Slower security clearance processing times are forcing recruiters to exclusively source already cleared candidates, and are also promoting the use of referral programs and signing bonuses. In addition, high demand is creating high churn in security cleared candidates, according to a new survey from ClearanceJobs. Once the scourge of recruiters everywhere, ‘job hopping’ is normal among cleared candidates.
Sixty-one percent of recruiters surveyed said slower processing times have caused them to change their hiring practices. A whopping 85 percent of recruiters are now focusing their recruiting efforts on candidates who already have an active federal security clearance.
Which hiring strategies are recruiters using?
Fifty-one percent of recruiters surveyed said they are using signing bonuses, and 78 percent are using referral programs. Ranking hiring strategies and incentives in order of effectiveness, recruiters listed referral programs as number one.
“Over the last year, delays in processing for new final clearance have really tightened the number of cleared professionals available,” noted Stephanie Benson, General Manager of ClearanceJobs.com. “ClearanceJobs has seen a big increase in the number of cleared jobs on our site in the last two years as well, which indicates hiring is definitely up in the cleared sector. The shrinking cleared candidate pool combined with an increase in cleared hiring is really putting the squeeze on the defense hiring marketplace.”
For the first quarter of 2016, Secret clearance investigations took an average of 116 days (74 days is the goal), Top Secret investigations took an average of 203 days (114 days is the goal), and Periodic Reinvestigations took an average of 227 days (195 days is the goal).
“It has changed the way I recruit,” noted Jill M. a recruiter who responded to the survey. “I no longer even look for applicants who do not have a current clearance.”
Many recruiters noted the hiring strain isn’t just affecting their ability to source – it’s affecting their companies’ bottom lines.
“We can no longer hire people needing an interim clearance which means we cannot provide the number of employees our government customers need,” noted one respondent. “If we could have filled the positions prior with only those with clearances we would have but the demand for high level technology SME [subject matter experts] is so high and the pool is so small we have to recruit candidates who do not have clearances. Now every contractor is at war stealing each others employees and this is also going to negatively impact our government customer.”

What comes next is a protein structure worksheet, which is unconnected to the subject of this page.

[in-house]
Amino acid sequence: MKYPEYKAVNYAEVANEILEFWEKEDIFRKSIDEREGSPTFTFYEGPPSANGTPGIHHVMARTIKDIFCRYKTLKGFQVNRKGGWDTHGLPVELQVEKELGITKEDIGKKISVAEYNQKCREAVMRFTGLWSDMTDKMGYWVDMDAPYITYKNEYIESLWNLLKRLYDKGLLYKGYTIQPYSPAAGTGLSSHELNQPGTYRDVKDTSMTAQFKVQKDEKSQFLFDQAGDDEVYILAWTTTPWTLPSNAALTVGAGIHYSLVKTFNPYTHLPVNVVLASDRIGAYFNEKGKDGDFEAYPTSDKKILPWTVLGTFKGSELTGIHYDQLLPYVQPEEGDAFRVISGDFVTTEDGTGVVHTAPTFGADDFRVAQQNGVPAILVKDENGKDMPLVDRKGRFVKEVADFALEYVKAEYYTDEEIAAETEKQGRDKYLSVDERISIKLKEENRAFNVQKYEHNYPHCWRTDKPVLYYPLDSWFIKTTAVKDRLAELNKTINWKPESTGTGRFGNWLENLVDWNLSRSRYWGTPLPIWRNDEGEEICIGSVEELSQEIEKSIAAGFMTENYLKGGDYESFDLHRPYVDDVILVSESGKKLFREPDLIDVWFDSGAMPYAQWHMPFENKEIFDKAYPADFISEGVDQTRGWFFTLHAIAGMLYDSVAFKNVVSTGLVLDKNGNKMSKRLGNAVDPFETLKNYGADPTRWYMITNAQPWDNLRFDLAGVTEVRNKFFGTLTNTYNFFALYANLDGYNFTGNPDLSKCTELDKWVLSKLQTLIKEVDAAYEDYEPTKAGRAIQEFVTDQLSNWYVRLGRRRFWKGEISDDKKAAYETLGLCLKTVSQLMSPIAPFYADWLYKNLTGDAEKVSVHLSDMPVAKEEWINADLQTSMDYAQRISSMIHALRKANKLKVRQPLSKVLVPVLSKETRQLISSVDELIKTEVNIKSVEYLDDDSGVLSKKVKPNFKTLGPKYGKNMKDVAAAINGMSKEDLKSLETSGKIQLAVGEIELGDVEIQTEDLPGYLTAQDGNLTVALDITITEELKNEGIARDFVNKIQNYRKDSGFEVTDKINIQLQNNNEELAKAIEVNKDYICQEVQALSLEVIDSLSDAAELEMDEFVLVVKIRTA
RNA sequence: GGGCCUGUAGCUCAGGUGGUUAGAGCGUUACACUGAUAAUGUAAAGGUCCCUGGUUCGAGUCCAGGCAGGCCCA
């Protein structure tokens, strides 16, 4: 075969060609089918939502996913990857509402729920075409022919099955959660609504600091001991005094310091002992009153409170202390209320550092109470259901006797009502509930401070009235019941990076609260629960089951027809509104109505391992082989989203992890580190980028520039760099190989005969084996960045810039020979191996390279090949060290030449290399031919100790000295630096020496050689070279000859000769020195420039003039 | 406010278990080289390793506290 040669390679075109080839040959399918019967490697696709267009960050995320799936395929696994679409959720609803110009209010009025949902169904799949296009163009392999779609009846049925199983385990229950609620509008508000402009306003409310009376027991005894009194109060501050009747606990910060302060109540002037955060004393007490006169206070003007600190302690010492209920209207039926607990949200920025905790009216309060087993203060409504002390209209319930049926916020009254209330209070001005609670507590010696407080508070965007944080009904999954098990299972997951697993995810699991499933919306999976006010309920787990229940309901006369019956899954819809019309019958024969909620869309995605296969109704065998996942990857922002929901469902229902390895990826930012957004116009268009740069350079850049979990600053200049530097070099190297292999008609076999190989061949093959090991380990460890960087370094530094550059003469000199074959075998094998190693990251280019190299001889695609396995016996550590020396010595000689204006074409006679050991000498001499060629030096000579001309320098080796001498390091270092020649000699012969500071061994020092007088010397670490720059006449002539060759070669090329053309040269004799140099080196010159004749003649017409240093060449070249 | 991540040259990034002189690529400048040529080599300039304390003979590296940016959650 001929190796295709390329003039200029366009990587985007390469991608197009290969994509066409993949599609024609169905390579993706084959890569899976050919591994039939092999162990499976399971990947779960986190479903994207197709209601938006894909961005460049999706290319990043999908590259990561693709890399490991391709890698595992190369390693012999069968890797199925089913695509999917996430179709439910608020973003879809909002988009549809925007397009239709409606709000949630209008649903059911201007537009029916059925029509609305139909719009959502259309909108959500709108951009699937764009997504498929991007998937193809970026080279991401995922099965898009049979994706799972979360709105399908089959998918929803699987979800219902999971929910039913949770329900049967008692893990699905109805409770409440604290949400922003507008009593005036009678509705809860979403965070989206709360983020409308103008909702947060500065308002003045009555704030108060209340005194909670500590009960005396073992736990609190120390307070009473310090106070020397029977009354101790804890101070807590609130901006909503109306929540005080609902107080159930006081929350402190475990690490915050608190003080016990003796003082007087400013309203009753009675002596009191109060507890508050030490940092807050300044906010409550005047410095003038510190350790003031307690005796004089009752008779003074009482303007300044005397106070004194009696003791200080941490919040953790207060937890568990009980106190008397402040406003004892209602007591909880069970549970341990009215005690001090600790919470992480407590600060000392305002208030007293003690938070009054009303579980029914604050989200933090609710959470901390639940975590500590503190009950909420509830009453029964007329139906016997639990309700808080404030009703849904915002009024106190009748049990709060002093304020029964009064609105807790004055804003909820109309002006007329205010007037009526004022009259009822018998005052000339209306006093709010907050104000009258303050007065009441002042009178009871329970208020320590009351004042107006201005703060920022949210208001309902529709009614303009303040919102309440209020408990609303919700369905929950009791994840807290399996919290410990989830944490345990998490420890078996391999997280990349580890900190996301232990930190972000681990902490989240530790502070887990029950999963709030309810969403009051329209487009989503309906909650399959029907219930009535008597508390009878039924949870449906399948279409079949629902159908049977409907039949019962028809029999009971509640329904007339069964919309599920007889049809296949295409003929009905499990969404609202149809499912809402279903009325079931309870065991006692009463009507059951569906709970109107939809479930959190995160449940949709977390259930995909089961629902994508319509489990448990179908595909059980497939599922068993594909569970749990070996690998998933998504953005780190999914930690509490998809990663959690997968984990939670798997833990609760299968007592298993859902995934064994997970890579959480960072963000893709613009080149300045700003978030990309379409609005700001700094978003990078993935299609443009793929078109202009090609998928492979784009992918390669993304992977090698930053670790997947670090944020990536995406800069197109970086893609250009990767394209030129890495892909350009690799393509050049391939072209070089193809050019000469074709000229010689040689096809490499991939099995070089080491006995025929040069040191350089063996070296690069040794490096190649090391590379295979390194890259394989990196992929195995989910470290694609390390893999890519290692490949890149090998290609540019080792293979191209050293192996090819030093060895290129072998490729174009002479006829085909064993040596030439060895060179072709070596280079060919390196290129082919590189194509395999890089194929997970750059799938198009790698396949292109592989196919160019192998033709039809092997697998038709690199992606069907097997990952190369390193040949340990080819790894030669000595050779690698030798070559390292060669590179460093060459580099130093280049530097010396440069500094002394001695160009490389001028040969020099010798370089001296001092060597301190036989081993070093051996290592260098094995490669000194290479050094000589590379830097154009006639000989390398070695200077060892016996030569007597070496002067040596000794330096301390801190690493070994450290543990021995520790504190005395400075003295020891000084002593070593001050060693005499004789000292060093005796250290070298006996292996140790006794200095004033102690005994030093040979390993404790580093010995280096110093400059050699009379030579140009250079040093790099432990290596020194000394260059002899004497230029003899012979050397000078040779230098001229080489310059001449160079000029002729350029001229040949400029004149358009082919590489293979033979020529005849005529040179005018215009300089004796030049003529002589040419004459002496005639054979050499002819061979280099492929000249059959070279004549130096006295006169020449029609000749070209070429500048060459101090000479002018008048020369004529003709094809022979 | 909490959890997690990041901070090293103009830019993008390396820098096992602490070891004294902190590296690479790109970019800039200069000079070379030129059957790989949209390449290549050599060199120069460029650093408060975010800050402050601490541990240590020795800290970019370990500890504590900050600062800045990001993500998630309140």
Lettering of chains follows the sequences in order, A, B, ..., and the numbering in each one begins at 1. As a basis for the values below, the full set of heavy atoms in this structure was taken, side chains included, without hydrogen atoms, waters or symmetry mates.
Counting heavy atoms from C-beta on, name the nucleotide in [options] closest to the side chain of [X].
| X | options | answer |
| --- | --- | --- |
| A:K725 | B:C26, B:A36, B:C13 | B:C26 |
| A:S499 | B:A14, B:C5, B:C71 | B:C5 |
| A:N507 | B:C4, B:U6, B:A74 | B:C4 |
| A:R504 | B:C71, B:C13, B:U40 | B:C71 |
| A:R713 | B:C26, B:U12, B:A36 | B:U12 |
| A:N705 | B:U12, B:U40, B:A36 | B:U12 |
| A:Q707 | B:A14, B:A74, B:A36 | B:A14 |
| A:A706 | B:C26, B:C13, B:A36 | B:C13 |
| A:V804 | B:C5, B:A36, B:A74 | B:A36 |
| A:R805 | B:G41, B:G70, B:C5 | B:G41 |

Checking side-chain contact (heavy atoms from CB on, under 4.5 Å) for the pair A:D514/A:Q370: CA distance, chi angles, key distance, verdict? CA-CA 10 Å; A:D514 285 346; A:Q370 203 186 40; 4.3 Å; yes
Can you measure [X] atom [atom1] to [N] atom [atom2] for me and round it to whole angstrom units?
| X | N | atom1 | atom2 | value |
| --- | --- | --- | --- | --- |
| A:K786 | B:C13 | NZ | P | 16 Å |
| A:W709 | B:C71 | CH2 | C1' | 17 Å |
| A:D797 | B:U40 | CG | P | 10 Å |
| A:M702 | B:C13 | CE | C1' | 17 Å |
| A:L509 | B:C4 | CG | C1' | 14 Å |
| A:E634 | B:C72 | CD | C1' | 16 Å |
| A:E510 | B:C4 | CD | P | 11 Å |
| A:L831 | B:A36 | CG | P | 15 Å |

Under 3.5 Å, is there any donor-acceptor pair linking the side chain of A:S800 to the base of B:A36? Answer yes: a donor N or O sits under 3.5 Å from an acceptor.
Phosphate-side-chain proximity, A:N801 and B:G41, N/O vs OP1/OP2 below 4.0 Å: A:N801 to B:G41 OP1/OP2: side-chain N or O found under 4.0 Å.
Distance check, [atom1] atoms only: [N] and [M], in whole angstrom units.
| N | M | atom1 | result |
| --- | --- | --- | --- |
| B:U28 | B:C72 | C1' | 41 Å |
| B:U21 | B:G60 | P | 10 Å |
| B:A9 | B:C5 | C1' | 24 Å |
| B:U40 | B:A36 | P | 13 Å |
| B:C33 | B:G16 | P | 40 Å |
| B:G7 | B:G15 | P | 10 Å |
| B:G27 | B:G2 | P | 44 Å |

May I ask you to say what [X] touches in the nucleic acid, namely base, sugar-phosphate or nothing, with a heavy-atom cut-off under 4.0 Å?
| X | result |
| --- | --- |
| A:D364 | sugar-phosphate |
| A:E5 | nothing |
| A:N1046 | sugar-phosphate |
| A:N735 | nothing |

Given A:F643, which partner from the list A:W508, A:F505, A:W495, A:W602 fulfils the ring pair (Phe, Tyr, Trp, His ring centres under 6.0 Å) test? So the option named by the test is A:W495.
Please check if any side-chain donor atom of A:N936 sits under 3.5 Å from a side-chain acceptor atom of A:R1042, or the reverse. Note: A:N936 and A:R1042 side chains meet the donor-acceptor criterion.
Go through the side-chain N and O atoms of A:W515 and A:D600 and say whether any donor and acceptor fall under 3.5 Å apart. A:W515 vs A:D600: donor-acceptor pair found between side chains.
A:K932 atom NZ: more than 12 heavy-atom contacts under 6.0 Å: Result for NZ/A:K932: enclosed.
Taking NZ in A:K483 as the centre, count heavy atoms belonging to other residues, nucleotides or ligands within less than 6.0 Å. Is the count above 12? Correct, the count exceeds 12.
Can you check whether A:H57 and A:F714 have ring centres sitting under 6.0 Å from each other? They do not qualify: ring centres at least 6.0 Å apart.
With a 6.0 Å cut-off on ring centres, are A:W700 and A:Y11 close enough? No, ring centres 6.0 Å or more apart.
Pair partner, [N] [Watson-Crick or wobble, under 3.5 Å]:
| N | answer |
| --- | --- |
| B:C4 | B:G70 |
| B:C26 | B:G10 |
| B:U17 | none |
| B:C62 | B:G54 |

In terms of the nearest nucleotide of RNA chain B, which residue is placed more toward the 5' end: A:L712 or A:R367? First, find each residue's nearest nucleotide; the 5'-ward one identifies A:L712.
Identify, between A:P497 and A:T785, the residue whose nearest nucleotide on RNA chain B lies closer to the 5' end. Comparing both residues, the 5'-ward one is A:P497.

Even for companies who are able to sponsor clearances, keeping candidates interested during a months long onboarding process is a serious struggle.
“It’s certainly a morale suck,” noted one respondent. “We have several employees sitting in a bullpen waiting for clearances. They are isolated from the rest of our staff inside the SCIF. Extra attention and engagement efforts should be used with these employees….We have one employee who’s been waiting for a year and a half.”
If You Hire Them – Can You Keep Them?
It’s not just recruiters who are exasperated by the delays. Applicants (even those already onboarded) are second-guessing their decision to accept a position only to wait months – or years – for a determination.
“This will impact my professional development and stunt my earning potential, as I will have one year employed without any real measurable accomplishments to report,” noted a recent visitor to ClearanceJobsBlog. “The not so shocking secret among many of us forced to sit in the uncleared area is that we are always on the lookout for another job. We are no longer convinced that staying here is in our best interests.”